Where can you get defatted peanut flour in 10 to 20lb bags? I found in commericial 50lb bags but not in reasonable quantities.
I love defatted peanut flour and have searched for it extensively online. Typically, it is sold for commericial purposes, and it is used in most of your favorite peanut-flavored protein bars. Typically, it is sold as a 12% or 28% fat content and light, medium, or dark roasts. The darker the roast, the more peanutastic.
The nutrition for the 28% fat version per 1/4 cup (22g) is: 120 kcal, 6g fat, 9g protein, and 6g carbs. Per 1/4 cup, the 12% defatted peanut flour has: 100 kcal, 12g protein, 3g fat, and 9g carbs. About half of the carbs from both versions are fiber. Though the nutritional profile of the 12% flour is better, the pruduct has substantially less peanut flavor than the higher fat version. Generally speaking, defatted peanut flour is a great addition to or substitution in shakes, pancakes, baked goods. It can also be processed with cottage cheese and Splenda to make a very high protein "PB Pudding!"
Though I've never found it in 10-20 lb bags, you can get it in a 1 lb or 5lb (little over 2 kg) portion from:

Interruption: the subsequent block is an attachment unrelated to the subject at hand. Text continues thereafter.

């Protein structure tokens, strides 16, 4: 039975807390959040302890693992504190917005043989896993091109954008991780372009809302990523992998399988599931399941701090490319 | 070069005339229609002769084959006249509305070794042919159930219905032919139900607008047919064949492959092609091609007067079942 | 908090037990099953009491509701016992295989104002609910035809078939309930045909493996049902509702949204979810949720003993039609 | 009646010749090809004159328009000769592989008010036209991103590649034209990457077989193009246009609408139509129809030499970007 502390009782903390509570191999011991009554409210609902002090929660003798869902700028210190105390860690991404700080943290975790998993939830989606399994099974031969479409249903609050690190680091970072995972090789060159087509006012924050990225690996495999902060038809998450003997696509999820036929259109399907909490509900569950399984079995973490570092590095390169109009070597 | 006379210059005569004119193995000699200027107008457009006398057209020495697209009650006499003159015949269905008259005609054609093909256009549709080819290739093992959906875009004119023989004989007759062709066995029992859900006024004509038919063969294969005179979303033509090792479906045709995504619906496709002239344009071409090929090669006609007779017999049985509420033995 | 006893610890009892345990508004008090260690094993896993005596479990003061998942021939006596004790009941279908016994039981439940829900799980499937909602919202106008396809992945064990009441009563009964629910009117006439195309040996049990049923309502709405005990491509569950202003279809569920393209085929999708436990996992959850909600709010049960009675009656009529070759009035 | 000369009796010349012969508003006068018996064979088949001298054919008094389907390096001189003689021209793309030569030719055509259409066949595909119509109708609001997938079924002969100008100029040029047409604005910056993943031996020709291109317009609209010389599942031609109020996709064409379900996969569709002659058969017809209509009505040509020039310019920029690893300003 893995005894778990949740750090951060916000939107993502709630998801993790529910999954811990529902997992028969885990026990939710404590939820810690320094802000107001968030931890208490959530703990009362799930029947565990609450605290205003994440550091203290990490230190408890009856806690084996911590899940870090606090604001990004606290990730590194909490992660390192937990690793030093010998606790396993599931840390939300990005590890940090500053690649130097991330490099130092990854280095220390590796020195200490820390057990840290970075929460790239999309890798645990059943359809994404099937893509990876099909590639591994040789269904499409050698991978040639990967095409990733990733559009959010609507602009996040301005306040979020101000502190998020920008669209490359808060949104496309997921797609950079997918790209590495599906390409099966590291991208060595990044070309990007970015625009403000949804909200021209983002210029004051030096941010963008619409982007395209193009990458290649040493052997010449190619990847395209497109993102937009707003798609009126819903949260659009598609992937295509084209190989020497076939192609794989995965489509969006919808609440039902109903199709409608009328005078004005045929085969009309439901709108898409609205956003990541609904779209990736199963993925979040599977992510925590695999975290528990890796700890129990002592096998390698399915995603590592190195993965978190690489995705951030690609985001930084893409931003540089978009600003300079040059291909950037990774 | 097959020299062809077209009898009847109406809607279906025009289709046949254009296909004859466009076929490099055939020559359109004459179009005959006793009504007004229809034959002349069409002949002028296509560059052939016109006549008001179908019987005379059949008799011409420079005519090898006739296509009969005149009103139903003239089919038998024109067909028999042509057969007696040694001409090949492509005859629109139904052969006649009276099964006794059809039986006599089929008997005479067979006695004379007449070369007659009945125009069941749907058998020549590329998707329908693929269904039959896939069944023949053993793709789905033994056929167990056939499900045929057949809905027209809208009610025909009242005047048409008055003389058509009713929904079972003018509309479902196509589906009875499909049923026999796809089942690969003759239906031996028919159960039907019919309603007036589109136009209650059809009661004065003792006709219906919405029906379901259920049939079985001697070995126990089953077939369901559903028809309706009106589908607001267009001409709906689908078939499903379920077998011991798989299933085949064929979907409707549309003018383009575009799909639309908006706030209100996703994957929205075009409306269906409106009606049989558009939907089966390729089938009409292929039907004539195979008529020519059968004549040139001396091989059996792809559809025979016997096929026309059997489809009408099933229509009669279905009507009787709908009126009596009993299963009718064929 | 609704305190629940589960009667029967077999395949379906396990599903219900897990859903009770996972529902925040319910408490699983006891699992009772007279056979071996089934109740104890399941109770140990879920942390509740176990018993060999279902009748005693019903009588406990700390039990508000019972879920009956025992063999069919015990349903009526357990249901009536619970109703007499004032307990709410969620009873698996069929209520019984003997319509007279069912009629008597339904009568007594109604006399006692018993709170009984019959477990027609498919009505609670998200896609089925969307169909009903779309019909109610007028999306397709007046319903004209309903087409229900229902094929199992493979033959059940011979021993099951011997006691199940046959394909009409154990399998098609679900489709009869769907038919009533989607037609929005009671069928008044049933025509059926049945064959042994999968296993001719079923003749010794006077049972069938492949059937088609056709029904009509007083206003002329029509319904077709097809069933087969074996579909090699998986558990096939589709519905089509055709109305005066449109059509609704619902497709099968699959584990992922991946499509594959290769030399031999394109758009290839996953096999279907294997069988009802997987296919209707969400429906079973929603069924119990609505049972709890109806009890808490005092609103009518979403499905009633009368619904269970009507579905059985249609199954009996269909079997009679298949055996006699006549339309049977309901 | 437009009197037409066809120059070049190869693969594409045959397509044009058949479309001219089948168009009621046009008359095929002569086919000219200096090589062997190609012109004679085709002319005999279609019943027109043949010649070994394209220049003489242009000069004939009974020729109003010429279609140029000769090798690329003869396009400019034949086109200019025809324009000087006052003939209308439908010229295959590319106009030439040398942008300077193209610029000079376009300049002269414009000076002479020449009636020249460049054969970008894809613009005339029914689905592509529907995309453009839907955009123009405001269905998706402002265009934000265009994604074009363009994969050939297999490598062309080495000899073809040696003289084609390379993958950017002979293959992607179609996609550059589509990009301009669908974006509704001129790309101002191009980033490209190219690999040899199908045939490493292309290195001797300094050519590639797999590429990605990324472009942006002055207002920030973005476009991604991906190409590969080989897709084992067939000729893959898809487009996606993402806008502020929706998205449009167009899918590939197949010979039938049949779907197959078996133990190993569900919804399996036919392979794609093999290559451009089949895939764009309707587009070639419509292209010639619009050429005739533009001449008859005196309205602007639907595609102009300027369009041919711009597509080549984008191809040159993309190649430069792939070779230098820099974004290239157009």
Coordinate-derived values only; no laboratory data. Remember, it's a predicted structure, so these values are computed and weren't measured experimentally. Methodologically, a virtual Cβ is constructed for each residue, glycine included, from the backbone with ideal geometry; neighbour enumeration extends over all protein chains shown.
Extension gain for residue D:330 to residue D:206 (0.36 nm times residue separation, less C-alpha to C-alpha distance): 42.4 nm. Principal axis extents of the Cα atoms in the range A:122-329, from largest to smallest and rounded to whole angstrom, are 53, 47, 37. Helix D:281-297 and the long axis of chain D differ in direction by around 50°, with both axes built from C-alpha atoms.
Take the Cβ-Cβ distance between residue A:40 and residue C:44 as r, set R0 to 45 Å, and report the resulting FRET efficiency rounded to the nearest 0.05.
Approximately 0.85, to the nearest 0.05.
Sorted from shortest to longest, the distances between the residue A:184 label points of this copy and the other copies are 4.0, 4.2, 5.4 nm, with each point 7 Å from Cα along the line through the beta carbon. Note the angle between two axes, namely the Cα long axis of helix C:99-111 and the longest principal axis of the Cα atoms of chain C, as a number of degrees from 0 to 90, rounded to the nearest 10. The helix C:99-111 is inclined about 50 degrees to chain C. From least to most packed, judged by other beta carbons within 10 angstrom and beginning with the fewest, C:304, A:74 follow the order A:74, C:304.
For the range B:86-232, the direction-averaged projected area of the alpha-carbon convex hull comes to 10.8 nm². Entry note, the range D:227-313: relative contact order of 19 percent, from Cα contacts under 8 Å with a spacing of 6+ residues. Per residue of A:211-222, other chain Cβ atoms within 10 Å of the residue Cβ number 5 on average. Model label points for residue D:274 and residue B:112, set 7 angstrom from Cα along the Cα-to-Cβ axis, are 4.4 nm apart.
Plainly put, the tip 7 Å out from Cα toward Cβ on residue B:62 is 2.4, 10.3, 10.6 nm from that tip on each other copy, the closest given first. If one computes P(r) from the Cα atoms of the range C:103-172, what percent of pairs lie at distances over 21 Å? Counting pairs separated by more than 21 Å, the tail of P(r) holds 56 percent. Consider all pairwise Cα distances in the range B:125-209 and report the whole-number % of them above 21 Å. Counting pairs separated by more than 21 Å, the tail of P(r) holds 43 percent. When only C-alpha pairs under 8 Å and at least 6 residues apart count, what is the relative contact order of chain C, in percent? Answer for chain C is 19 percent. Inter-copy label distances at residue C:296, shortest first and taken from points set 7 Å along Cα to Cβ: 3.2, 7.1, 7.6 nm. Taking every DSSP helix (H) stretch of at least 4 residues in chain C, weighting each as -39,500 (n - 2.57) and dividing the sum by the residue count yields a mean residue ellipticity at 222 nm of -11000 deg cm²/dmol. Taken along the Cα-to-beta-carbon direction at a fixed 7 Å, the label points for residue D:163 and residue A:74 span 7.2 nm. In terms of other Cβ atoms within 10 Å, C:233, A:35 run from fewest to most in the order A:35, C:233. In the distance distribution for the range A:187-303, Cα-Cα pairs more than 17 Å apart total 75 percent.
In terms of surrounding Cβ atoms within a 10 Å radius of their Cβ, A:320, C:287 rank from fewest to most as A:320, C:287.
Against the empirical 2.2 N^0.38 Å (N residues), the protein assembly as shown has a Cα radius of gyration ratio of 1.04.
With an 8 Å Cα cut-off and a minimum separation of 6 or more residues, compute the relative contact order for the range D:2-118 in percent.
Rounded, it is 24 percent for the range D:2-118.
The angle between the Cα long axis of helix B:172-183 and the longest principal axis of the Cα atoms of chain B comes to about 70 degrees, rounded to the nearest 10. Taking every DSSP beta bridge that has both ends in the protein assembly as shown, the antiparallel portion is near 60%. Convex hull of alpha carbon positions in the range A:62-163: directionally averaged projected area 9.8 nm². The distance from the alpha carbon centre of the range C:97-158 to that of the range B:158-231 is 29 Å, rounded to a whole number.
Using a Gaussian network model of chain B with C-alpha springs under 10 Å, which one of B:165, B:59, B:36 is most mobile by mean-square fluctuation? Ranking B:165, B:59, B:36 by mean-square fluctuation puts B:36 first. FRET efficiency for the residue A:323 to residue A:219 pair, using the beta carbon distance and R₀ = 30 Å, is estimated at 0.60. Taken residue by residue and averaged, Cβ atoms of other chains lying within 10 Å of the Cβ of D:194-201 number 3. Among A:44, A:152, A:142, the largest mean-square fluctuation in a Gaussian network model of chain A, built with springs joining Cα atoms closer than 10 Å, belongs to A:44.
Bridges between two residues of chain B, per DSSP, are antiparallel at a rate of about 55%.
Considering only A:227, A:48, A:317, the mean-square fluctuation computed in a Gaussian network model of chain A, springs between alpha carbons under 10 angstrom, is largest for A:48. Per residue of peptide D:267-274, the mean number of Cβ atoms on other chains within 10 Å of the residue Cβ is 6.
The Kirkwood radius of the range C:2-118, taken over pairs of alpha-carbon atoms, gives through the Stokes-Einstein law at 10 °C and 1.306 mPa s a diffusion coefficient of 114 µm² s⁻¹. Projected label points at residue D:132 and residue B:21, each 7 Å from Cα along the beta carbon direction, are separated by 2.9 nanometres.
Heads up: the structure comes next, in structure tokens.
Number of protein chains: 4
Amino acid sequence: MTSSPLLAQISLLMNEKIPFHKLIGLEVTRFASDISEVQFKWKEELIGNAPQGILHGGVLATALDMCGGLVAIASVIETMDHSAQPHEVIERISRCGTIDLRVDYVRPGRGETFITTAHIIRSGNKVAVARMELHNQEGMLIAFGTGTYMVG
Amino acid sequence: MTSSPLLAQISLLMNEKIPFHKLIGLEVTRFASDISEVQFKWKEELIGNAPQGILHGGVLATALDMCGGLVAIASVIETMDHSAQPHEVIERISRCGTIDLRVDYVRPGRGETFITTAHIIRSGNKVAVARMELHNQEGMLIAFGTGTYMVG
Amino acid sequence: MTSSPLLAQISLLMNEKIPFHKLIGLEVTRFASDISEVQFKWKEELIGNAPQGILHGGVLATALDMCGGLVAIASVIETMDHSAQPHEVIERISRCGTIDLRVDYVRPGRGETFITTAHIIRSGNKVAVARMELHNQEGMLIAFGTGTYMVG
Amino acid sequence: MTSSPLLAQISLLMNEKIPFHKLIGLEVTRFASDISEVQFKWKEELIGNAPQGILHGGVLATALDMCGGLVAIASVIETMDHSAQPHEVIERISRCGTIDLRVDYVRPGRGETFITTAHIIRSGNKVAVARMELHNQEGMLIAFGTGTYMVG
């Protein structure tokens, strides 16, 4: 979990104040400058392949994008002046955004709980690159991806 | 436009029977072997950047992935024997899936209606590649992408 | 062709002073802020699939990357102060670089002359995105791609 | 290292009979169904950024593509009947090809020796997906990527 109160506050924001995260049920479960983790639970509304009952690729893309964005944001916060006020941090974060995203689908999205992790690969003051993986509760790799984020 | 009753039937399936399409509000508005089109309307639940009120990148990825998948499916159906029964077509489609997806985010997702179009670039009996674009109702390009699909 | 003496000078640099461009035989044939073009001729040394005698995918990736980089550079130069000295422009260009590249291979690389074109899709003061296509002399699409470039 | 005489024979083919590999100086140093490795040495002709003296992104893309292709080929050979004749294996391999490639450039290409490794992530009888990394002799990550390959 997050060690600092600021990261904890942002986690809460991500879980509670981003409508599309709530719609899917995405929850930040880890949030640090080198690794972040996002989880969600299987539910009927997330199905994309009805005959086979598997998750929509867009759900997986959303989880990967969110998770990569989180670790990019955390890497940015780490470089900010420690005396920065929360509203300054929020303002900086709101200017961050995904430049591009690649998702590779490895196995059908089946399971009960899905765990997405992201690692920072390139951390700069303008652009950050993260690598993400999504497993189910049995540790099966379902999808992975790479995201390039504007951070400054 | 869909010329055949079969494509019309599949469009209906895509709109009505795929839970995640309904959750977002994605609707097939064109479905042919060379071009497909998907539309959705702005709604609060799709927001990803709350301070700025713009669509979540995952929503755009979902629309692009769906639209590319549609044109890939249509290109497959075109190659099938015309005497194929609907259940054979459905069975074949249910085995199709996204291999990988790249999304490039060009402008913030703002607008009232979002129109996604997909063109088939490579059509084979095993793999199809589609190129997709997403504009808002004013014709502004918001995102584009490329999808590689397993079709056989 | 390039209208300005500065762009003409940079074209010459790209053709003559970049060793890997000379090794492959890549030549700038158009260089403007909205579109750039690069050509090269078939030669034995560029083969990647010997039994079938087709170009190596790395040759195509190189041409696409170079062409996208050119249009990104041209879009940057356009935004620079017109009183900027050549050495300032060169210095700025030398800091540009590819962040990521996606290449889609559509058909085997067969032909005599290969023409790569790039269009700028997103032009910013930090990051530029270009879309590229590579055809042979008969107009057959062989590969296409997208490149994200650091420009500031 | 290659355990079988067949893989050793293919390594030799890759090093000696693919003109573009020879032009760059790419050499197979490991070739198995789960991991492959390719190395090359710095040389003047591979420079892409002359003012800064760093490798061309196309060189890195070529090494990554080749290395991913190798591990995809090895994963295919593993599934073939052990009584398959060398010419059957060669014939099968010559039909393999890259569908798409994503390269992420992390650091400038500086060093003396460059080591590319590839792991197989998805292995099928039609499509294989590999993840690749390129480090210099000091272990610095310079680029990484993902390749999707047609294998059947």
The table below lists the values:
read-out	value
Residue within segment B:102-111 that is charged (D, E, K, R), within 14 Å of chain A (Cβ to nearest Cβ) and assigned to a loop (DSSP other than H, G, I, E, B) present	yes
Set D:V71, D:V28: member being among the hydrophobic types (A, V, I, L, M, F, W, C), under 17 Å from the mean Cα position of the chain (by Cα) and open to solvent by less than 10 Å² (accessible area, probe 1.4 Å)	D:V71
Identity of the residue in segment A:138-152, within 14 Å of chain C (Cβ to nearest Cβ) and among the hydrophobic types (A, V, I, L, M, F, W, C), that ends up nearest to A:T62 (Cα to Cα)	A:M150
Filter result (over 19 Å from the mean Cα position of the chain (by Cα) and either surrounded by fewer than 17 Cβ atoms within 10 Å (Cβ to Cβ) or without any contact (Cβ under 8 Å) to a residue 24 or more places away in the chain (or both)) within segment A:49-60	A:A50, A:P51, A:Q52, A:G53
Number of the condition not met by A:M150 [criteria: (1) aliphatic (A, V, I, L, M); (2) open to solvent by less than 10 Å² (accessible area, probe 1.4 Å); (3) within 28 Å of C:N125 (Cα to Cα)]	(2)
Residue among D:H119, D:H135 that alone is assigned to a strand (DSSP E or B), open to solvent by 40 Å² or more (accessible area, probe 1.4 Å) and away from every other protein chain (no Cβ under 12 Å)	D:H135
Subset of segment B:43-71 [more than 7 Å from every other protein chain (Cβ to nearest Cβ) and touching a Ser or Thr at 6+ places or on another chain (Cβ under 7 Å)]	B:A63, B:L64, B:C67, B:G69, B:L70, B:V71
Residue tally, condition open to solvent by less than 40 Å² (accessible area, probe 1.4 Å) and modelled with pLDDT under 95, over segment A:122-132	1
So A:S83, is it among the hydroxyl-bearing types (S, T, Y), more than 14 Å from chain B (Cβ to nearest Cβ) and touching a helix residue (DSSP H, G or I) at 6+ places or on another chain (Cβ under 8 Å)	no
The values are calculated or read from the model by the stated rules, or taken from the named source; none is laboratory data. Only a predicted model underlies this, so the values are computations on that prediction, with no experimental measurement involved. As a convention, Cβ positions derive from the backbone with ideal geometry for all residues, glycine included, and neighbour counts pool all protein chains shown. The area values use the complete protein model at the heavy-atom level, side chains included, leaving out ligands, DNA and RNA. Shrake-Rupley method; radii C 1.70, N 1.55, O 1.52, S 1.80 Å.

This site has peanut flour in a variety of roasts and fat%. The site offers a light roast, which is very mildly flavored--the 12% fat light roast doesn't have much peanut flavor at all, but can be used to boost the prtoein content of recipes. Byrdmill also sells a medium roast, which is a little more robustly peanuty. Though the site claims it's dark roast, it's not nearly as dark as the Spices, Etc. version below.
Alternatively, Spices, Etc. sells a 1 gallon portion, which is about 3.75 lb (1.7 kg):
The Spices, Etc. flour is a 28% fat very dark roast. The super dark roast is highly flavored, but also seems a little like burned nut flavor, which can turn a lot of people off. I like the extra dark roast when the flour is going to be combined with other ingredients and diluted a lot (like in shakes and Asian-inspired sauces). For a low-fat peanut sauce, try combining 2 Tbsp of Newman's own Sesame Ginger Dressing with 1 Tbsp of dark roast peanut flour-- the flour adds a little more than a gram of fat and loads of peanut flavor. The dark roast is also very good for making low-fat, high-protein African-inspired tomato/groundnut soups.
Personally, I like the highly dark roast for recipes because the overoasting doesn't bother me; however, if you're the kind of person who prefers mildly flavored coffee, you probably won't like the dark roast flavor. Alternatively, the medium roast 28% fat is also good in a variety of application and doesn't have a hint of burned taste.
The following website also offers defatted peanut flours, though I have never ordered from this site personally:
Also to add some intensity to peanut-flavored dishes, without the extra calories, you may want to add artificial peanut flavoring, which can be found:
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